Hughes always over their shoulder
Cricket Australia needs to seriously review it management of the players during the past few months. The way in which they allowed the reaction to Phil Hughes death escalate to a state where it so dominated players that any catch, wicket or boundary was declared in his honour and in the process, detracted from the dignity with which he played the game and maintained relationships. Too many requests were acceded too, leaving the cricket followers and in particular the players, unable to get on with the process of grieving individually and coming to terms with what his death means to them. Corporate grief never works and now, after prolonging the beginnings of coping in order to get their players on the paddock, administrators are faced with the difficulty of how to start returning to normal. Clarke has made public claims that he will never again play a Test match without 408 on his shirt. Its a nice homage but it shouldn't be allowed, mostly because its a bad coping method.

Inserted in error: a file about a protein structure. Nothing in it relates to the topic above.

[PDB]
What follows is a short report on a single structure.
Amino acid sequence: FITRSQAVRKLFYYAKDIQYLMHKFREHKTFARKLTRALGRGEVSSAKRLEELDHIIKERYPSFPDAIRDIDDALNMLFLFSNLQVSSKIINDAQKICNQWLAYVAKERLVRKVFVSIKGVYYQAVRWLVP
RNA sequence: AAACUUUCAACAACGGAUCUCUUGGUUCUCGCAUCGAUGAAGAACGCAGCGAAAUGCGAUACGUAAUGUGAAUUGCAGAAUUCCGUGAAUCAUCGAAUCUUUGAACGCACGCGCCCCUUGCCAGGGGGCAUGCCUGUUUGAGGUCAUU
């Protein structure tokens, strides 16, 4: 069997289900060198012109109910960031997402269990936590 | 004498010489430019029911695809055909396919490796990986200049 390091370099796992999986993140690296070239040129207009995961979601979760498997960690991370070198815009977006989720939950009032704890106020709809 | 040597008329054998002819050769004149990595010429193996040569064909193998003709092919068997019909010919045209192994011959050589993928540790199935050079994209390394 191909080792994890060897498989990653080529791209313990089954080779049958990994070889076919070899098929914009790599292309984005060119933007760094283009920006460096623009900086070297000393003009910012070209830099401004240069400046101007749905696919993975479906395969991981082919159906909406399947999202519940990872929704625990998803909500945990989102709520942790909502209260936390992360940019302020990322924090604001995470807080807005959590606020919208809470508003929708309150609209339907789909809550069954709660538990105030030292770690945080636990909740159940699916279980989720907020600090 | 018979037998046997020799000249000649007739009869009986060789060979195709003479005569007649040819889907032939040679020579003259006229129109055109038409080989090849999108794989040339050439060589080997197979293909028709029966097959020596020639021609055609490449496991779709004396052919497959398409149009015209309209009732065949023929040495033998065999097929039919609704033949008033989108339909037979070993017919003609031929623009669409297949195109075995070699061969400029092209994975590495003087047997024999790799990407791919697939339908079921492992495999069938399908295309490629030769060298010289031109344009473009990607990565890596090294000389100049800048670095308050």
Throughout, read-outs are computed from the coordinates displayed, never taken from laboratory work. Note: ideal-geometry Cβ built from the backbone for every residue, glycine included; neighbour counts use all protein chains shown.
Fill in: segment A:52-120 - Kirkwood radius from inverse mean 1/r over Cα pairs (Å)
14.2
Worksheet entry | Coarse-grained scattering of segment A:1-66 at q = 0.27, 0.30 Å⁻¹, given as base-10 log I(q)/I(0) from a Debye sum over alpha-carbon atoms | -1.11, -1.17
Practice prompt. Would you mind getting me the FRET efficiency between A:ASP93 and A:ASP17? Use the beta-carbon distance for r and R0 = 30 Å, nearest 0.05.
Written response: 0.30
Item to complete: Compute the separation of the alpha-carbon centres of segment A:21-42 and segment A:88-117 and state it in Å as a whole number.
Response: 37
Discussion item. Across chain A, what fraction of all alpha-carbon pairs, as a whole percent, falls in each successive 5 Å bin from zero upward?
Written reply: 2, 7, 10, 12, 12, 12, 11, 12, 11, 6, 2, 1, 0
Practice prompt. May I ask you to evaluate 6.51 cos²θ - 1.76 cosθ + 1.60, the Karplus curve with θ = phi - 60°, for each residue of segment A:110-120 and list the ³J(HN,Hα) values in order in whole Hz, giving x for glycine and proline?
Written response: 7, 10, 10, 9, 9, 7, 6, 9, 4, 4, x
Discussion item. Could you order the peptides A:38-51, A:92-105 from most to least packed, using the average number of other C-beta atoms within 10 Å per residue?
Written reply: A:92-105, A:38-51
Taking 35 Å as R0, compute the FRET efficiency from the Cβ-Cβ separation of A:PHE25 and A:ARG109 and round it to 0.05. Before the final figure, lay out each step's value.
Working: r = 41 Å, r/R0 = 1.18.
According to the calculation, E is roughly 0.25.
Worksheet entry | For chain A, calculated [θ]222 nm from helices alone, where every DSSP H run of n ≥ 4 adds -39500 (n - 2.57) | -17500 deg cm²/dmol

Things have got way out of hand. It's time to remove the arm bands and move on. (see "When Is Enough, Enough?")

A surfeit of one day cricket lies ahead for our best over the next few months before sanity returns with a Test trip to the Caribbean. The West Indies gave a decent account of themselves in South Africa and will be even better at home, so they will be no easy beats.

Its been a summer of sweet and sour but only a cricket fool would think its all been milk and honey.